A Brief History
The German architect Johann-Friedrich Braunstein built the first Summer Palace for Catherine I of Russia in 1717. The palace was later destroyed and rebuilt by Empress Elizabeth. From 1752-1756, the court architect Bartolomeo Rastrelli erected the new, more lavish residence in the opulent Rococo style.
Empress Elizabeth had expensive taste– this is the same empress whose last wishes were to gild the statues in the palace’s park. Located 25 kilometers outside of St. Petersburg in Pushkin, this palace was also inhabited and subsequently modified by Catherine the Great and her son, Alexander I.
The Summer Palace was greatly damaged in World War II so as a result, much of the palace has recently been renovated or is still in the process of being renovated. Today, it is possible to rent the Summer Palace and in recent years, this magnificent venue has attracted musicians like Elton John.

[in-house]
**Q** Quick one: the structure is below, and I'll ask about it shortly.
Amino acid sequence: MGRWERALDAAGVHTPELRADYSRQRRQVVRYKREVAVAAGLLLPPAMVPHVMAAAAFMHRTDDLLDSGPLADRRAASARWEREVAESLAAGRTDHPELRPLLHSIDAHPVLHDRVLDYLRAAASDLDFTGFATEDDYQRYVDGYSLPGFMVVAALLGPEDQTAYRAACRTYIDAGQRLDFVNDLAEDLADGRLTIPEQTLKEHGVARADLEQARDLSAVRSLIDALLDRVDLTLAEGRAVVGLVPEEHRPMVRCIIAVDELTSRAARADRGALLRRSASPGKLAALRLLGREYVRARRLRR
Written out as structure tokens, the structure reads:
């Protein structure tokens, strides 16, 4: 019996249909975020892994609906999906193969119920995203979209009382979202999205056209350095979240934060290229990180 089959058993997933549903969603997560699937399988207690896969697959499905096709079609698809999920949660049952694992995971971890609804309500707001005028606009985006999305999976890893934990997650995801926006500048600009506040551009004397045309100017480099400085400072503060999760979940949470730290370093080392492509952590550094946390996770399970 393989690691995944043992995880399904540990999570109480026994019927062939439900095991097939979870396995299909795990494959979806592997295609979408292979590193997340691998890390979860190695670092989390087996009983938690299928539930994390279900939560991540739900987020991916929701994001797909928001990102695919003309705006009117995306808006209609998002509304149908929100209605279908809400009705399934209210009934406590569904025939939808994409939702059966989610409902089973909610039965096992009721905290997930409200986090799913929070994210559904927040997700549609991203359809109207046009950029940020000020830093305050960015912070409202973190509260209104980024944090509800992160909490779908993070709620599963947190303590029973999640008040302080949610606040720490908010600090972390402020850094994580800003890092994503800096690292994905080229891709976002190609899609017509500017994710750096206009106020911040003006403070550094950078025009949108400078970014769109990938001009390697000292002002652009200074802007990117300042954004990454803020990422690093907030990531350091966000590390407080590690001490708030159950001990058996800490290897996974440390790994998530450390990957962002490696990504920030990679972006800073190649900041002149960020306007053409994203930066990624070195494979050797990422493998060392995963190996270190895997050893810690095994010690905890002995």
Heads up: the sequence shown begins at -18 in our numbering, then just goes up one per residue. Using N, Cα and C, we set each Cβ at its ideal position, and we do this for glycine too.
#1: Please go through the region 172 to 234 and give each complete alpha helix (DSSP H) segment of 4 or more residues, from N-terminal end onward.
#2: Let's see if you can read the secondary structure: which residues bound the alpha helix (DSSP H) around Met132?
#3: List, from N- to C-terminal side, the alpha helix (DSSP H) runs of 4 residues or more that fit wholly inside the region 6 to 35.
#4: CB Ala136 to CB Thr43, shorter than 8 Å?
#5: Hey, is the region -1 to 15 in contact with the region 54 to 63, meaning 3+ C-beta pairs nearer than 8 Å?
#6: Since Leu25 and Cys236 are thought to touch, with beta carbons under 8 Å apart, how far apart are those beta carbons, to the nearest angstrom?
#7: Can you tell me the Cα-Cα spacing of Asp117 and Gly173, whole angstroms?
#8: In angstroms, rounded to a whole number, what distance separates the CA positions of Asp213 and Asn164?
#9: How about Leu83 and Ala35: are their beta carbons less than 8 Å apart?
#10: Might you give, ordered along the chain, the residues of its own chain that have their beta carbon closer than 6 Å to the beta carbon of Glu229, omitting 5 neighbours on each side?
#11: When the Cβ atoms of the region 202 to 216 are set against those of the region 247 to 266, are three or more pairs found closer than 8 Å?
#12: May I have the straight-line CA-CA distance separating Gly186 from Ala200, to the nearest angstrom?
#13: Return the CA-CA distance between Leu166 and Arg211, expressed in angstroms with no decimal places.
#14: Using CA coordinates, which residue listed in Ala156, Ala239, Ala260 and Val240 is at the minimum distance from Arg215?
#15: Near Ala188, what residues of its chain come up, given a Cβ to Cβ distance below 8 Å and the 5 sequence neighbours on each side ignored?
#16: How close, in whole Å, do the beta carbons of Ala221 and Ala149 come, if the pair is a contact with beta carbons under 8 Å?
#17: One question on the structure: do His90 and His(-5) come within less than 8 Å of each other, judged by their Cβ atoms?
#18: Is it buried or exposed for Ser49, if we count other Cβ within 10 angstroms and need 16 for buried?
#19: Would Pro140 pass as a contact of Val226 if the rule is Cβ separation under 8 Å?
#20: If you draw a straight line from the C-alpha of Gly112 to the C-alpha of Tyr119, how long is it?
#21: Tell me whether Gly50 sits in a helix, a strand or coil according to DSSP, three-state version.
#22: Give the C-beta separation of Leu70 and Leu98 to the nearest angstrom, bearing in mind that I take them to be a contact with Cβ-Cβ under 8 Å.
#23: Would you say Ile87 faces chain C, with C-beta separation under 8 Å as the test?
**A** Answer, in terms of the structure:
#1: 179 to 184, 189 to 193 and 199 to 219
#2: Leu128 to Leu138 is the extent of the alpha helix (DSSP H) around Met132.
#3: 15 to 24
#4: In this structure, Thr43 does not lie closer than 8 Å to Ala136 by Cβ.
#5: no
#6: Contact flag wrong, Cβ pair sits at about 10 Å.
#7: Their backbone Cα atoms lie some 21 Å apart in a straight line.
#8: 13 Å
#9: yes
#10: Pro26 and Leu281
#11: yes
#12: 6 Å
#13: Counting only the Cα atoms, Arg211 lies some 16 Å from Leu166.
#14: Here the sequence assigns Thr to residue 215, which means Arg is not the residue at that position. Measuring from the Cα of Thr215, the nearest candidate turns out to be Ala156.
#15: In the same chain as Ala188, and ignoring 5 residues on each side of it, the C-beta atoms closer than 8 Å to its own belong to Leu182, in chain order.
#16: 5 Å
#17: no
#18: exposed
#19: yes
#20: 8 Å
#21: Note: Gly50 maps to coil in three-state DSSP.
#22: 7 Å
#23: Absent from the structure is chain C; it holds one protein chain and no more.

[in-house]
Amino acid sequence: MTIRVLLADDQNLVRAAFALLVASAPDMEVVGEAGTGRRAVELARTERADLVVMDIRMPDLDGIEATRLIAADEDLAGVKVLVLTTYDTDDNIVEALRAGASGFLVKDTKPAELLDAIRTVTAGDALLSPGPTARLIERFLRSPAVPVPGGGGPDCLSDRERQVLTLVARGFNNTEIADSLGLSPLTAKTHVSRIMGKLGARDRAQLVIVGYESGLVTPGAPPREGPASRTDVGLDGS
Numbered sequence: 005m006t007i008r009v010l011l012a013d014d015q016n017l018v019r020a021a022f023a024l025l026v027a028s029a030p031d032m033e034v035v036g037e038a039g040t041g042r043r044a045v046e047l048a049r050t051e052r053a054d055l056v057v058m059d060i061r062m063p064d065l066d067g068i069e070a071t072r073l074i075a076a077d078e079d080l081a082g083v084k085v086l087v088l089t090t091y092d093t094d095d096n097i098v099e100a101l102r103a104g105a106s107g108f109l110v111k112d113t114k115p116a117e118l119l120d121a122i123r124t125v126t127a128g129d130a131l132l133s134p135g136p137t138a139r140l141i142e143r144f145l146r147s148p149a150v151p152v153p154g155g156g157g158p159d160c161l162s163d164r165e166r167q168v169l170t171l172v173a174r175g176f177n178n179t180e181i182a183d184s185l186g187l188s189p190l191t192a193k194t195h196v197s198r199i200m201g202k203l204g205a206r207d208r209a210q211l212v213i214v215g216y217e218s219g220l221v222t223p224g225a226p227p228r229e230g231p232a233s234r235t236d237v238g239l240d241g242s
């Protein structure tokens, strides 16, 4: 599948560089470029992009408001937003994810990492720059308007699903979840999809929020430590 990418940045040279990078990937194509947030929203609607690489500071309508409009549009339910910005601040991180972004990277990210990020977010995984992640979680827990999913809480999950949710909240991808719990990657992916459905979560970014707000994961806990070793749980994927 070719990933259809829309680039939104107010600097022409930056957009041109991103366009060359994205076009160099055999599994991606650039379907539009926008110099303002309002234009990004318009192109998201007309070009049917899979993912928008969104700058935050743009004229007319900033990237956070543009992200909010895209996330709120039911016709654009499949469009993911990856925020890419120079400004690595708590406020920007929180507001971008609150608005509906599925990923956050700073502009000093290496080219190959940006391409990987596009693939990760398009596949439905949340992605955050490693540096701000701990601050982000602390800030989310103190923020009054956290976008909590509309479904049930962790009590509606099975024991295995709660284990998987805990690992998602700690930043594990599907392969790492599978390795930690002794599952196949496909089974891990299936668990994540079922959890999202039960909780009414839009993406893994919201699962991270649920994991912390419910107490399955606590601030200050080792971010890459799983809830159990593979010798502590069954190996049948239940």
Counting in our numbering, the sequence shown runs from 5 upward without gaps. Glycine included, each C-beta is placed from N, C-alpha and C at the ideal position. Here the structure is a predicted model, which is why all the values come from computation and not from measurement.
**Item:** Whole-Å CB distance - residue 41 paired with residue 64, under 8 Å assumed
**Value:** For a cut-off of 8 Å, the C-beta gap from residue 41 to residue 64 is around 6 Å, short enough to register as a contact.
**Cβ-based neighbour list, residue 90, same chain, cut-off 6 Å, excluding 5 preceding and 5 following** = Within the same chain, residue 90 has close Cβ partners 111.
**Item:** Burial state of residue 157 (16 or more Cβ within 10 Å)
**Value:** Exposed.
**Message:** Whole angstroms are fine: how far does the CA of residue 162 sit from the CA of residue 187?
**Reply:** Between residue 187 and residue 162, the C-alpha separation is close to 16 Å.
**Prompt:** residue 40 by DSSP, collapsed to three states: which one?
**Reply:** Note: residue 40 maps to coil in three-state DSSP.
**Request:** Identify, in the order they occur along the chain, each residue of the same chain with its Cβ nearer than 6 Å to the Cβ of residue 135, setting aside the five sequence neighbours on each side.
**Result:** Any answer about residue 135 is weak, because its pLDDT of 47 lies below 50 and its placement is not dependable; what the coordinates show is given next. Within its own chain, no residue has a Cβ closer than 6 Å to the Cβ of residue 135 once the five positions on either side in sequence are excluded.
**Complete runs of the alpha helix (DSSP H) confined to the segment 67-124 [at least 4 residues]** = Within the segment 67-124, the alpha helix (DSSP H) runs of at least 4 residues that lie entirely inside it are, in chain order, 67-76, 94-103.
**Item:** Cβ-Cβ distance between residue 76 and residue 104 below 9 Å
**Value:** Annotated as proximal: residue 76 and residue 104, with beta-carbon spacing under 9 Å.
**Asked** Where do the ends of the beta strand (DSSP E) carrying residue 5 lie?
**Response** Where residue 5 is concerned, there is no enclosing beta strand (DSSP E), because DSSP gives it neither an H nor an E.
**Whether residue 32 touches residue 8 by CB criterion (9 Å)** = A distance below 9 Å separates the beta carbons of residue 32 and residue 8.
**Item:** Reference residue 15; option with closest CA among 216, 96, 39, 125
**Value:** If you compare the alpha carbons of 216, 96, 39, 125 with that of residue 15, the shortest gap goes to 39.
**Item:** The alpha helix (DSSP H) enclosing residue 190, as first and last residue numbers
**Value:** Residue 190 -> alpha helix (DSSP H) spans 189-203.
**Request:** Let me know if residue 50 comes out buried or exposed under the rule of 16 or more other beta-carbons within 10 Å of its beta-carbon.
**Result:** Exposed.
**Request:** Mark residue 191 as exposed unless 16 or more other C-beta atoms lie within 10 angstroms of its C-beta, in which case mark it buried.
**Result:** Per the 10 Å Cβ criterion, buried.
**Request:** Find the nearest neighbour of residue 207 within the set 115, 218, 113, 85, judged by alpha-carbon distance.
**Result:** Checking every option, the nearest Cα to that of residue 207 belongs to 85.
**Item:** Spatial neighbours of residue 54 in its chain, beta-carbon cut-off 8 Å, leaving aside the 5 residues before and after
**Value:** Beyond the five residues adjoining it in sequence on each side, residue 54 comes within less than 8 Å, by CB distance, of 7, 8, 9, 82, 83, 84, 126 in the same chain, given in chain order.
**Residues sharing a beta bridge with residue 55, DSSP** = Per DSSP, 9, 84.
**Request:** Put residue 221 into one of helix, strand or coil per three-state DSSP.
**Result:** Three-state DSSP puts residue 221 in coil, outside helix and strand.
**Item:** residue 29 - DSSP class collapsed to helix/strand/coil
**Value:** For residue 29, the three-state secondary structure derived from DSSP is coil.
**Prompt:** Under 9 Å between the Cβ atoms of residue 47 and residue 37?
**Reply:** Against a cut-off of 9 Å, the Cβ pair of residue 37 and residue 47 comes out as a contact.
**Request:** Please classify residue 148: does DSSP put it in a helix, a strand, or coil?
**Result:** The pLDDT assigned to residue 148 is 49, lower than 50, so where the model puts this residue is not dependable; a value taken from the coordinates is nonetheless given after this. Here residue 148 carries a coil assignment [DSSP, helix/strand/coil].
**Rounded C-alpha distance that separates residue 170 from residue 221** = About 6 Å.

The Amber Room
Tourists can take pictures in all of the rooms in the palace, except for one: The Amber Room. The Prussian King Friedrich Wilhelm I presented this gift to Tsar Peter the Great of the Russian Empire. The room was designed by German baroque sculptor Andreas Schlüter with the aid of the Danish craftsman Gottfried Wolfram to resemble a jewelry box.
Tragically and rather mysteriously, the room was “lost” in the second World War. There are many theories and conspiracies about its current whereabouts but as our guide Nikolai put it, “Many stories mean no truth.” For the time being, one can see the reconstruction of this “Eighth Wonder of the World” which was meticulously copied from black and white photographs from 1979-2003.